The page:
Brent Benkelman is unique among Kalispell’s public school teachers.
For starters, he is the only male kindergarten teacher in Kalispell Public Schools.
But Benkelman also has distinguished himself by learning enough Russian to communicate with students whose first language isn’t English.
His first experience teaching a student whose first language was Russian happened two years ago. Benkelman, then 24, was in his first year of teaching at Elrod School.
“She understood most of what I was saying to her, but she wasn’t necessarily always able to communicate to me what she was feeling,” Benkelman said. “It took her a couple months to really want to interact with other kids [because] she knew she didn’t sound right as far as her English was.”
That little girl was very sharp, however, and learned by observing Benkelman or her classmates what she needed to do.
“She’d just kind of sit there and watch for the first few minutes of the activity,” Benkelman said. “Sometimes she’d still be the first one done.”
A Russian-speaking student in Benkelman’s class the following year had a little more trouble understanding what was wanted of him.
“He struggled to understand what I was saying, even basic stuff like, ‘Work quietly,’ or ‘Color neatly instead of scribbling,'” Benkelman said. “He didn’t know why he was coloring.”
That was when Benkelman decided to find a way to better communicate with the student. He turned for help to other students, three sisters whose first language was Russian who cleaned his tables every day.
“I would ask them short phrases, single words, how to say … ‘Please listen,’ or ‘Eyes on me,'” he said.
After practicing with the students, Benkelman would find the school’s English as a Second Language tutor and ask her to check his pronunciation.
“I’d kind of butcher it, and she’d tweak a few sounds for me,” he said.
Later, when the little boy was running laps around the classroom and ignoring Benkelman’s request, in English, to stop, Benkelman put his new phrases to work.
“I told him in Russian, ‘Eyes on me. Please listen,'” Benkelman said. “He stopped and had a deer-in-the-headlights look, and then he came over and joined the activity.”
By the end of the year, Benkelman said, that student was one of the top kids in the class.
Benkelman slowly built his repertoire of Russian words and phrases throughout the year and continued the practice this year, when he has yet another Russian-speaking student in class.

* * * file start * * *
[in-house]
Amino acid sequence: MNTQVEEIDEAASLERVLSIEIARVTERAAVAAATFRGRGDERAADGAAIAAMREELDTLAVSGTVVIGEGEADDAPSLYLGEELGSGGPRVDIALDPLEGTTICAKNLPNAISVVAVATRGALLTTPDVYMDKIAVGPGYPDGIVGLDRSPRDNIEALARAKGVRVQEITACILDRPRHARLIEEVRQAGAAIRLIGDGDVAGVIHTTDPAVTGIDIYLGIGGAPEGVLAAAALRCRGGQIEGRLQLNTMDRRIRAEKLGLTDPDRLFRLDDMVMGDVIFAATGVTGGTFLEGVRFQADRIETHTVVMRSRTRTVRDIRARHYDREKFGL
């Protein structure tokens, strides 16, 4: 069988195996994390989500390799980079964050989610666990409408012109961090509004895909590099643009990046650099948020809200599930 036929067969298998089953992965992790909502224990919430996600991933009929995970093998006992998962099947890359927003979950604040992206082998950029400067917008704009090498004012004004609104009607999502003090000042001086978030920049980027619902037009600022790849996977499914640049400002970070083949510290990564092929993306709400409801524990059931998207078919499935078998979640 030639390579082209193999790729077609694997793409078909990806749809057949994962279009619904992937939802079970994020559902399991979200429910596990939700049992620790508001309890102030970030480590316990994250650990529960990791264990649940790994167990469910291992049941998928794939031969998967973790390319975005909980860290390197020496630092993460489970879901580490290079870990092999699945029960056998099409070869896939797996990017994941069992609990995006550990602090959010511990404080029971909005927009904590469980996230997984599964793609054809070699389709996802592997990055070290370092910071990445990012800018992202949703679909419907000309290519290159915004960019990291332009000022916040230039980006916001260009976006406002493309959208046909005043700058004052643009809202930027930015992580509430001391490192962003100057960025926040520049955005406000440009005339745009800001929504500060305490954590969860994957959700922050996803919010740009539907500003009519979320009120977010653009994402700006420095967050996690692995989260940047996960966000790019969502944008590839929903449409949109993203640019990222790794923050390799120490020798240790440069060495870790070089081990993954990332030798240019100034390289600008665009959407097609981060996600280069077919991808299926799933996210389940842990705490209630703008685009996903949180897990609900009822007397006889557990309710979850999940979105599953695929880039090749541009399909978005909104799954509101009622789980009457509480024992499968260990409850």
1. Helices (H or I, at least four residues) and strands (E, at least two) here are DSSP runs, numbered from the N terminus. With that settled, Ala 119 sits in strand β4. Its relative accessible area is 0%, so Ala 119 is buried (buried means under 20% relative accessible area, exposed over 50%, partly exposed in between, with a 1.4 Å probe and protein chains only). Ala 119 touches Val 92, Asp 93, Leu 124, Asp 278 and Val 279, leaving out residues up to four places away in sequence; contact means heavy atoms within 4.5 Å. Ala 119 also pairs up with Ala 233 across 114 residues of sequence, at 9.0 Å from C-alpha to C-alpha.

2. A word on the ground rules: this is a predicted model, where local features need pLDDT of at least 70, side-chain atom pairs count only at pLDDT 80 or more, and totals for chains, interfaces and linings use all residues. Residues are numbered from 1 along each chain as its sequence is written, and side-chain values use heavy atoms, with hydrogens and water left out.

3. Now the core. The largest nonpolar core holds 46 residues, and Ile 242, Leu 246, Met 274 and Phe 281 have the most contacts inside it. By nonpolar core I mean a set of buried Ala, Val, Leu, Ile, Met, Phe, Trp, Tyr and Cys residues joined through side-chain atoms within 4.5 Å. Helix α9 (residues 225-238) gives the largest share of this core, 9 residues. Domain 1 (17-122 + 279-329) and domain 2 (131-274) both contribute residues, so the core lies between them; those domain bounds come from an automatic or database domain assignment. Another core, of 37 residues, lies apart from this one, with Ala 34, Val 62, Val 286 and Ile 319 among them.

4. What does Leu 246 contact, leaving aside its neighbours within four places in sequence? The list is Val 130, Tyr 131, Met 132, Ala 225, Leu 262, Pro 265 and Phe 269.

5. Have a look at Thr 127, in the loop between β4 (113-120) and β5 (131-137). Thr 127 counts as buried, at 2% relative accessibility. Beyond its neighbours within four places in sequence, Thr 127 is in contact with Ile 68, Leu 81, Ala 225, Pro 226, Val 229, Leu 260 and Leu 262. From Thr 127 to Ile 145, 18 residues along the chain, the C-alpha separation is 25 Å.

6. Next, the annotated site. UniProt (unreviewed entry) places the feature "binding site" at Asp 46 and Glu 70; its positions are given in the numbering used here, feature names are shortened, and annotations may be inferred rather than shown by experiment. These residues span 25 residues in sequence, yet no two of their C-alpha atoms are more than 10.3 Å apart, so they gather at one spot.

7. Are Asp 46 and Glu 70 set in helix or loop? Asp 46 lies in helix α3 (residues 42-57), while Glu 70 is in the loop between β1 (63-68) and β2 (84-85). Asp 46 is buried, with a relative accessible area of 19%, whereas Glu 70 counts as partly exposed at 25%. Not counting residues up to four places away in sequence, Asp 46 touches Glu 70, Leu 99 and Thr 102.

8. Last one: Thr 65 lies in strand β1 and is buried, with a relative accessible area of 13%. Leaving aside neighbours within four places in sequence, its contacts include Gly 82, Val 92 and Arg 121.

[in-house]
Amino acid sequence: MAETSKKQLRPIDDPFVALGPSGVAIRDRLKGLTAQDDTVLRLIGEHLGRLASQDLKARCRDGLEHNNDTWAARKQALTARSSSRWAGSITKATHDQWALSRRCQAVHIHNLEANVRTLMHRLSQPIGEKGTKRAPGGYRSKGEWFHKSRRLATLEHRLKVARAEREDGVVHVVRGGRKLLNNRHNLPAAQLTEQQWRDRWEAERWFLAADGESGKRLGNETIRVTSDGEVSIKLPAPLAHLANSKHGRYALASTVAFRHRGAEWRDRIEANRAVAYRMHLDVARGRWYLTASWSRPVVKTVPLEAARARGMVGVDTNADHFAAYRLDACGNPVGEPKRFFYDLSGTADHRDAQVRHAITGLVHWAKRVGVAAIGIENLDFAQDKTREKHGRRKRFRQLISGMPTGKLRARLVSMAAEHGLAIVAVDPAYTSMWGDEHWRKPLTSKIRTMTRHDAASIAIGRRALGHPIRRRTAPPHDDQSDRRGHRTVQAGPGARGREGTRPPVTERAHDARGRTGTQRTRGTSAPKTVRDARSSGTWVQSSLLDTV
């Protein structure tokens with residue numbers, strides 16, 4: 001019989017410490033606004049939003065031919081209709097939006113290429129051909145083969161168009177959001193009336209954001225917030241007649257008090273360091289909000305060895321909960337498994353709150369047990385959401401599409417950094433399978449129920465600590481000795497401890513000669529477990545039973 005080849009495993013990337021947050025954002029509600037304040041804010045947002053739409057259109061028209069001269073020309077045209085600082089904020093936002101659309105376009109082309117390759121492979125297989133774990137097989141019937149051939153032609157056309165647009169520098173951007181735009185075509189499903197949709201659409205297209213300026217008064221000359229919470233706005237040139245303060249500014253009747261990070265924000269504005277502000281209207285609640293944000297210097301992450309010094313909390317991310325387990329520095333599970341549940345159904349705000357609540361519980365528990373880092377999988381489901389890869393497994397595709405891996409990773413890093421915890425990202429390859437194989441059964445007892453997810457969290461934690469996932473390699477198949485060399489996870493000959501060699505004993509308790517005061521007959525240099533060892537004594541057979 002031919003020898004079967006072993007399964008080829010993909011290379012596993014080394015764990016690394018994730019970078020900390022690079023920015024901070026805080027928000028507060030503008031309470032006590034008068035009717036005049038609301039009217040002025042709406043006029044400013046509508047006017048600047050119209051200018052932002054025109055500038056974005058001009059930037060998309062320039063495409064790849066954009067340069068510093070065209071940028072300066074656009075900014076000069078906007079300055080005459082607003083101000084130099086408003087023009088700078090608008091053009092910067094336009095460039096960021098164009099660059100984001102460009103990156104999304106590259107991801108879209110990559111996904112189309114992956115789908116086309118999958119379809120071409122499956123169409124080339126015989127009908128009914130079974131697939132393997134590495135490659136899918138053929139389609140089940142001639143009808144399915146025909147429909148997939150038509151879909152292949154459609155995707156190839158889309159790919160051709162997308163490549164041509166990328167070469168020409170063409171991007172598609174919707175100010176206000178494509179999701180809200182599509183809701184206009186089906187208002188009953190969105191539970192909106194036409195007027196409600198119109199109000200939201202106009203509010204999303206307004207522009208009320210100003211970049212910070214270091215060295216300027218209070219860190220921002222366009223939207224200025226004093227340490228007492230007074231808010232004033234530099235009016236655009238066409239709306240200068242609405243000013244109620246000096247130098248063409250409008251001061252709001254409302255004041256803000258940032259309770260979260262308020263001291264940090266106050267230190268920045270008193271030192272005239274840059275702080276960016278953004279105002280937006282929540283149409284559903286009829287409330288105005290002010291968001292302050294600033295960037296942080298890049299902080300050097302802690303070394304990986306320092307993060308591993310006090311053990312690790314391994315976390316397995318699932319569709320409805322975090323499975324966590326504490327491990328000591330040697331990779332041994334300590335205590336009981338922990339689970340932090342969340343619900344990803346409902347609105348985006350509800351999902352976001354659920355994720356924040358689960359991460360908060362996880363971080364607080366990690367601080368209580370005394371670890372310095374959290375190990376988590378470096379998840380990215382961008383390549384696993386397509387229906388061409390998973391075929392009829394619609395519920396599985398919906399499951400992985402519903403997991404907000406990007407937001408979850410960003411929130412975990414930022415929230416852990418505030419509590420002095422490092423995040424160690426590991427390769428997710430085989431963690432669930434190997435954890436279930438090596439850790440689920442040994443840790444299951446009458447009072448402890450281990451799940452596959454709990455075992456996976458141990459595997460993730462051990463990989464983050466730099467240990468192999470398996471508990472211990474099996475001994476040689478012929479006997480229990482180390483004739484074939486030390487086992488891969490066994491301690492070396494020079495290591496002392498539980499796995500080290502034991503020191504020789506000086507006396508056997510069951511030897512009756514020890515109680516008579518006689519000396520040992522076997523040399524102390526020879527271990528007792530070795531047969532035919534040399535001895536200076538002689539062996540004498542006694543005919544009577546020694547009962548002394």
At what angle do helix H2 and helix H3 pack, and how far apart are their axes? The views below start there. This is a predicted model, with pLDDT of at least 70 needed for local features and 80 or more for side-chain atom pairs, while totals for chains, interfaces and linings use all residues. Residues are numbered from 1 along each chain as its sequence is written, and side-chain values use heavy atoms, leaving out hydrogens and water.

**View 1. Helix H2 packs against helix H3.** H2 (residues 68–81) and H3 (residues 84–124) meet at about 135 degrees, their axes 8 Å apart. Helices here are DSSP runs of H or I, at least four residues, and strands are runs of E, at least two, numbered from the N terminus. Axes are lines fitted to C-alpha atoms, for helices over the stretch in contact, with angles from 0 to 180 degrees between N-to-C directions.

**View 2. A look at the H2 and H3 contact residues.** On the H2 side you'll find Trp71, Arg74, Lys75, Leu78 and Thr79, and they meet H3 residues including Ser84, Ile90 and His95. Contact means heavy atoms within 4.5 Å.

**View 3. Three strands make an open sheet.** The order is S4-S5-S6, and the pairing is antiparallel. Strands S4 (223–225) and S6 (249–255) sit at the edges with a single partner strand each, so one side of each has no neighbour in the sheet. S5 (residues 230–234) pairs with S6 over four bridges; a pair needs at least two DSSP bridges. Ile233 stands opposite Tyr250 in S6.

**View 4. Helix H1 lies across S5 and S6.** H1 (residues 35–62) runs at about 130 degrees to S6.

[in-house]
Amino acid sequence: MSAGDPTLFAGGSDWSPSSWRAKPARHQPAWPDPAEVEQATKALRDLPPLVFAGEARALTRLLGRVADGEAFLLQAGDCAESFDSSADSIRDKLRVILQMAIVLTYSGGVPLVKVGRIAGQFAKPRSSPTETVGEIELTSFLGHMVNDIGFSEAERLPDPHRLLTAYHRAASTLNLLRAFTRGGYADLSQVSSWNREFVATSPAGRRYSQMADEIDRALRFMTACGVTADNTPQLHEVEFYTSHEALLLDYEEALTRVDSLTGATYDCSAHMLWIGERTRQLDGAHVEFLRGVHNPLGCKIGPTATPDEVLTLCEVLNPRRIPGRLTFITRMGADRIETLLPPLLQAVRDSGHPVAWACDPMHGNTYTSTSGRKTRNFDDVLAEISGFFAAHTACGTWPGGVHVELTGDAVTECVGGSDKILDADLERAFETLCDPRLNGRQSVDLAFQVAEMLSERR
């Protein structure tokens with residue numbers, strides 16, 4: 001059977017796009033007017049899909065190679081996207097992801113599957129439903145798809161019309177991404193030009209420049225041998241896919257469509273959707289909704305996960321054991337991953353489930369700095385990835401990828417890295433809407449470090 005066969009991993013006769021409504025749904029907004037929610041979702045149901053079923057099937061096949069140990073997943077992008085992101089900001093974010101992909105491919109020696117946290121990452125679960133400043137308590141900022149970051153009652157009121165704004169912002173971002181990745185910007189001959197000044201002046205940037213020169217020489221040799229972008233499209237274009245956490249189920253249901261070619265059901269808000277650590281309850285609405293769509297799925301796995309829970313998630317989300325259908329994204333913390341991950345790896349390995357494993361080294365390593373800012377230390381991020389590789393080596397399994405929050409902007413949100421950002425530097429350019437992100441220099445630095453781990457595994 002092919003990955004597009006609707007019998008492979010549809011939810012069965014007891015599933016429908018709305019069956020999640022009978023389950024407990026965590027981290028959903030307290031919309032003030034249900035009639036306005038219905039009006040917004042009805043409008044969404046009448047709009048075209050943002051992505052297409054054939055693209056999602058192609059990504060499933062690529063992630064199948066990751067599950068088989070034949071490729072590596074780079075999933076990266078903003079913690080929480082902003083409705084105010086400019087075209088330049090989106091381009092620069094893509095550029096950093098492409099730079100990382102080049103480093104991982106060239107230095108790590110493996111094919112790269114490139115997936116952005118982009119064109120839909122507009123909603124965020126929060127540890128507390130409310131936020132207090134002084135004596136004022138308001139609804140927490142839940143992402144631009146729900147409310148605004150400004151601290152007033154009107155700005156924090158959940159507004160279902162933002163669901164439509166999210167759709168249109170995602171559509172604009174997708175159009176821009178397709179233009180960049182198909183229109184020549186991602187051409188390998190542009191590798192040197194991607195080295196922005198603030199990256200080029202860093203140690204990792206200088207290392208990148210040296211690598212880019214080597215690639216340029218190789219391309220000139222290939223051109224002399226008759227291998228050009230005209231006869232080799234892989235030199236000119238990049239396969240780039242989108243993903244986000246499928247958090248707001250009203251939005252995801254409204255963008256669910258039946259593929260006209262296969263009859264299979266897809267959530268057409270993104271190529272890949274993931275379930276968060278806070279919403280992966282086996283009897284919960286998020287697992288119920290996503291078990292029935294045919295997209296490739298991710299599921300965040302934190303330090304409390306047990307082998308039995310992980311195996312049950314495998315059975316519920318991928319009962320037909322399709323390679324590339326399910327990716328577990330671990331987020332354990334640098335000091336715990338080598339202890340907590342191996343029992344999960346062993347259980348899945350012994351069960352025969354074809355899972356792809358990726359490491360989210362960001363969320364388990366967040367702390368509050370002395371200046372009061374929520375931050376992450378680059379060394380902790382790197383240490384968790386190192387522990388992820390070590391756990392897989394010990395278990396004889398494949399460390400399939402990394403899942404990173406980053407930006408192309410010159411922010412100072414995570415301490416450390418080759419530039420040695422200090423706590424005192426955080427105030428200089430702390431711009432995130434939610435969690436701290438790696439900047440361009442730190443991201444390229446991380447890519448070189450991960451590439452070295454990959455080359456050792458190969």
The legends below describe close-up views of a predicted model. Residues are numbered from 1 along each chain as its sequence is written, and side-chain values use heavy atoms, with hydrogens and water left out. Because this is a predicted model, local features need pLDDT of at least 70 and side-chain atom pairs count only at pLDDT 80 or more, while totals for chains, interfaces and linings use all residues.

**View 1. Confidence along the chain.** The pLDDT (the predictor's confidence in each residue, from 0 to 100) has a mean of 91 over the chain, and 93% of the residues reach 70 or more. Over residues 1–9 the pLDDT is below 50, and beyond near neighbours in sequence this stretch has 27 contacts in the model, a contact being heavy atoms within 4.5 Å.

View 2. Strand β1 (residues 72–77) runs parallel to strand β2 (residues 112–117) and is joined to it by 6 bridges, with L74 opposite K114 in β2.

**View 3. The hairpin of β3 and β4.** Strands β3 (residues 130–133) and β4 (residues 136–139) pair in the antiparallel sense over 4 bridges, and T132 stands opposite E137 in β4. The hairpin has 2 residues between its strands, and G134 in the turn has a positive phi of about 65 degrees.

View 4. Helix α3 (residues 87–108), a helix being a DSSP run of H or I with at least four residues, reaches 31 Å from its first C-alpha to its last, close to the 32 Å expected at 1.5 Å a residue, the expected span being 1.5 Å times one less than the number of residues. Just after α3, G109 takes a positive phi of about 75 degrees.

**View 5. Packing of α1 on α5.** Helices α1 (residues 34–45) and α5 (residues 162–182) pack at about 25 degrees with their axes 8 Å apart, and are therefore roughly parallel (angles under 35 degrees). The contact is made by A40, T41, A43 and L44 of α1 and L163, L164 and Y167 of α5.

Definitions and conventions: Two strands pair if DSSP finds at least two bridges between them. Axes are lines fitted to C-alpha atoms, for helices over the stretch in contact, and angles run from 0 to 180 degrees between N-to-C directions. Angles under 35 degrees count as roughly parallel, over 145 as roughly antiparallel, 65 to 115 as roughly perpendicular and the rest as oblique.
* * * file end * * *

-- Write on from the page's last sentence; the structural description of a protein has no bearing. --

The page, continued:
“I try to just learn a word or a phrase a week that helps me build upon what I know,” he said.
He keeps sticky notes with the new phrases on his desk and tries to use them at least a couple of times each day: Repetition helps cement what he has learned.
While he said he would like to be fluent in the language one day, for now Benkelman is content to learn phrases that will help him teach math and reading — but especially the latter.
“I think that the best gift that you can give somebody is the gift of reading,” he said.
That’s why he loves his job as a kindergarten teacher, he added. “To know that you were the first person to work with them and teach them how to read books is a pretty cool thing.”
Benkelman didn’t always want to teach; the Bigfork High School graduate first attended DeVry University in Seattle to study computer programming. While in school, he started teaching computers to elementary students — a job that changed his life.
“I just enjoyed watching them learn something new, picking up something you taught them,” he said.
Benkelman was just three semesters away from a bachelor’s degree when he transferred to the University of Montana. His desire to help young students learn propelled him toward a degree in elementary education — a field dominated by women, at least in the classroom.
Benkelman takes seriously his role as a male teacher in a lower elementary grade.
“Not a lot of [students] have male role models or somebody to make them feel welcome,” he said. “Some of them have a rough home life.”
Benkelman said he had a stable family life and positive role models while he was a child and wants to provide similar stability for students.
“I took it for granted until I started teaching,” he said. “I can’t believe how much my parents did for me. Everybody should have the opportunity I had when I was growing up.”